New York State seal

August 30, 1990

SUBJECT: INSURANCE

WITHDRAWN

Circular Letter No. 11 (1990)

TO: ALL AUTHORIZED PROPERTY/CASUALTY INSURERS WRITING "CLAIMS-MADE" INSURANCE FOR PROFESSIONALS IN THIS STATE

RE: CONTINUATION OF COVERAGE WHEN PROFESSIONAL PRACTICE IS INTERRUPTED DUE TO MILITARY SERVICE ACTIVATION

The current call-up of reservists to active military duty in the Middle East creates a need to assure that individuals so activated who, in their civilian lives are professionals insured on a claims-made basis, will be able to maintain appropriate insurance protection, without having to incur the substantial expense of either continuing coverage while on active duty as if still practicing or terminating coverage and purchasing extended reporting period coverage.

It is the Department's position that, during the period of active duty, the professional liability insurance policy of an affected individual should continue to permit reporting of claims arising out of incidents that took place prior to that period, but should be suspended in all other respects, including payment of further, until the insured returns from military duty to professional practice. At the point of such return, coverage and premium payments for such coverage should resume, based on the claims-made step at the time of activation, with the policy's expiration date adjusted in order to reflect the duration of the individual's intervening military service.

For example, a physician who began the third year of claims-made coverage on May 1, 1990, is called into active military service on September 1, 1990. The physician is discharged, and returns to civilian practice, on December 1, 1990. During the three-month period of military service, the physician's policy will provide coverage for any claims arising out of medical incidents which took place prior to September 1, 1990, and the physician is not billed for any remaining premium due on the policy. Upon Return to practice on December 1, 1990, third-year claims-made as well as premium billing resume, and the expiration date of the policy will become August 1, 1991 (May 1, 1991 + three months).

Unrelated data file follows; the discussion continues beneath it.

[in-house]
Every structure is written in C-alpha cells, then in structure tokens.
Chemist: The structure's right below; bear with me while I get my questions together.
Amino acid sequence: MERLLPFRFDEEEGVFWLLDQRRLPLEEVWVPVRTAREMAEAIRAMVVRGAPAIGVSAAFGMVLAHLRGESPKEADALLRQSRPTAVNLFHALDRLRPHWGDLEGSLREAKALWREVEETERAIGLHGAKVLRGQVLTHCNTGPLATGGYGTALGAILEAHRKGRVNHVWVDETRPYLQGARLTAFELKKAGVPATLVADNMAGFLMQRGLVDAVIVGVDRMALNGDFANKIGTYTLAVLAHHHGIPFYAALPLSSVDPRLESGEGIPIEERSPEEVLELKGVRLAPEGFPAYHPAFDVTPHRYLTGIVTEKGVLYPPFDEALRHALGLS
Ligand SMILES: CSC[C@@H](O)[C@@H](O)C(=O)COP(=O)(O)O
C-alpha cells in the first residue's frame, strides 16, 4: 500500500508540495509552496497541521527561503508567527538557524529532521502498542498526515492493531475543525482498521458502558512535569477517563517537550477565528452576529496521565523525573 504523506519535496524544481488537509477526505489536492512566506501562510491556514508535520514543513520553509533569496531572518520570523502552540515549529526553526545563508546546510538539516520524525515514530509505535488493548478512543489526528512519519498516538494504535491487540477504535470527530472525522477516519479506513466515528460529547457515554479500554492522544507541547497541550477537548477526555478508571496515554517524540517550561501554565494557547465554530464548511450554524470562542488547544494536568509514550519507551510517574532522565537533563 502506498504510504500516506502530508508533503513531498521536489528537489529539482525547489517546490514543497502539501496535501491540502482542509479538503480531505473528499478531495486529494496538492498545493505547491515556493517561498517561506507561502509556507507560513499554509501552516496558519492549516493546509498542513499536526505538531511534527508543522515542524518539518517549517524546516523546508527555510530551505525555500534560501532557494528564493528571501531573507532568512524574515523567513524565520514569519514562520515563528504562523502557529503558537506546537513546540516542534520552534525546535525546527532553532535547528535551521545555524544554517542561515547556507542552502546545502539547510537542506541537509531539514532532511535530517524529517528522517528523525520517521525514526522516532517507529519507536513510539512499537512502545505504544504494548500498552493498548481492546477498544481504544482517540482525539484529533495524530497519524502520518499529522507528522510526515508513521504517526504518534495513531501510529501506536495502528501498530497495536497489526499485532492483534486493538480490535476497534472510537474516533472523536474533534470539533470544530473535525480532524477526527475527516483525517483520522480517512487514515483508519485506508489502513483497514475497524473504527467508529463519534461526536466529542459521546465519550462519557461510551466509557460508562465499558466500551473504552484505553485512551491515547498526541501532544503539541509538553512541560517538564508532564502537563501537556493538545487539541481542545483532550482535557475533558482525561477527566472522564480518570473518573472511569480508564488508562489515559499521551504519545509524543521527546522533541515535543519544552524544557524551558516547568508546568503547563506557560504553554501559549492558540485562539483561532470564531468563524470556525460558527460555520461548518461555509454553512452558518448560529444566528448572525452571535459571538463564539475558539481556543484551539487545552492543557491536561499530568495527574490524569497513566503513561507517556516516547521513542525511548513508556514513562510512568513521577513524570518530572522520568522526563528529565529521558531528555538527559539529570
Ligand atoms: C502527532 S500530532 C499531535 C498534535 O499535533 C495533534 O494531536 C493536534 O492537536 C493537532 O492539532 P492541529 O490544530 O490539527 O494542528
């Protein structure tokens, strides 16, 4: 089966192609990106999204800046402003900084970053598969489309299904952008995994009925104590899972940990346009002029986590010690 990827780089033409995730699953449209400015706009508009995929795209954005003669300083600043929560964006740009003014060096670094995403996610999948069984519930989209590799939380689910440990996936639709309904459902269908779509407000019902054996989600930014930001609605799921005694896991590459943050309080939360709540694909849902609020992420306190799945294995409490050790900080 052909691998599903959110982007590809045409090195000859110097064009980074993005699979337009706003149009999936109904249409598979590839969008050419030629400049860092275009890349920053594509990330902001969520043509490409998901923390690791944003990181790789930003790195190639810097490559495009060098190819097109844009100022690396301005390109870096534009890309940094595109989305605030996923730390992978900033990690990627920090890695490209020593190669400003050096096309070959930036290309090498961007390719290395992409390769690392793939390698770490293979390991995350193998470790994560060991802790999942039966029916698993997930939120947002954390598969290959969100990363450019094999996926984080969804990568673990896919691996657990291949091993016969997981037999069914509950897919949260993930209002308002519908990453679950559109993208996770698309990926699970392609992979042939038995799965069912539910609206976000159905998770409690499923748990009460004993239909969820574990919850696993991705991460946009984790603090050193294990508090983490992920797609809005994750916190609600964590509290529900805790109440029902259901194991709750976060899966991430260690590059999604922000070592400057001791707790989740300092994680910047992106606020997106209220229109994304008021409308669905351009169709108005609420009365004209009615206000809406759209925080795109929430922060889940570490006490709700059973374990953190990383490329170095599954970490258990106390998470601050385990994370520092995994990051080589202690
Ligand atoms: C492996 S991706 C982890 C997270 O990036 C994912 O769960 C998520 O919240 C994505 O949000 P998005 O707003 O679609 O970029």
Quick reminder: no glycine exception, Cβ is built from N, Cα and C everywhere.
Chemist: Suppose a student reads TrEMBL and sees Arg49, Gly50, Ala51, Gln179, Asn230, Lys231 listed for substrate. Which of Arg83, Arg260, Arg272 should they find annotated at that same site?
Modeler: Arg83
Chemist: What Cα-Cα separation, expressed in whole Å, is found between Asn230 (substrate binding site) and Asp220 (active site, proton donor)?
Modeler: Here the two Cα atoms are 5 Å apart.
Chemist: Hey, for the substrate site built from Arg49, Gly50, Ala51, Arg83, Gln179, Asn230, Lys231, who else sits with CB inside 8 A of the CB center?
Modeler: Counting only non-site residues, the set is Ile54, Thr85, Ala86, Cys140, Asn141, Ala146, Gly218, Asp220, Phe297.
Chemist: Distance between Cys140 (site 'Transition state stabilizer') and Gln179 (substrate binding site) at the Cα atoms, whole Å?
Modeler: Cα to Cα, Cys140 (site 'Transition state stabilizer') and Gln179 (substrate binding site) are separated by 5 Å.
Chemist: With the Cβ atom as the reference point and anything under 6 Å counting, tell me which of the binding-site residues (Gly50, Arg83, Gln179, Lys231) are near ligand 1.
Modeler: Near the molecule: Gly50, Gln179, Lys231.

To the extent necessary, insurers should file appropriate manual rules and endorsements to provide for this suspension of coverage. Any questions concerning this Circular Letter should be directed to Laurel Presser (212-602-382), Supervising Examiner, Property & Casualty Insurance Bureau, at the Insurance Department.

Very truly yours,

[SIGNATURE]

SALVATORE R. CURIALE

SUPERINTENDENT OF INSURANCE

LIABILITY INSURANCE COVERAGE FOR PROFESSIONALS CALLED INTOACTIVE MILITARY DUTY SHOULD BE ADJUSTED

Superintendent of Insurance Salvatore W. Curiale today announced that it is the Department's position that insurers should make appropriate adjustments to professional liability coverage for those doctors, dentists, engineers and support for U.S. troops in the Middle East.

The Department's position, as outlined in Circular Letter No. 11 (1990), is that the affected professional's claims-made policies should continue, to provide coverage for claims arising out of incidents that took place before being called into active duty, but 'should be otherwise suspended until the professional returns from military service. Payment of further premiums due after that point should also be held in abeyance pending the professional's return to practice and civilian' life. At that future point, coverage and premium payments would resume, with the policy's expiration date adjusted to. reflect he length of active military service.

Under claims-made policies, the insurers are responsible to defend and settle only those claims against the insured that are reported while the policy is in effect. Under ordinary circumstances, this feature does not pose a problem since, professionals 'typically renew coverage continuously throughout their working careers. No existing provision addresses the current situation, however, in which a professional is required to interrupt practice due to military service.

The Department believes that professionals called into active duty should not be faced with two difficult alternatives: continue to pay the full premium on' their professional liability policies, while engaged in military service, or cancel their ''policies and pay a substantial one-time premium charge for an extended reporting period endorsement (or "tail" coverage).

Superintendent Curiale said:

New York professionals called to military duty in the Mid-East should not have to face financial hardship because their practice is disrupted. We want these men and women to receive continued insurance protection for incidents that took place prior to active duty, and when they return to practice, have professional liability insurers resume providing coverage.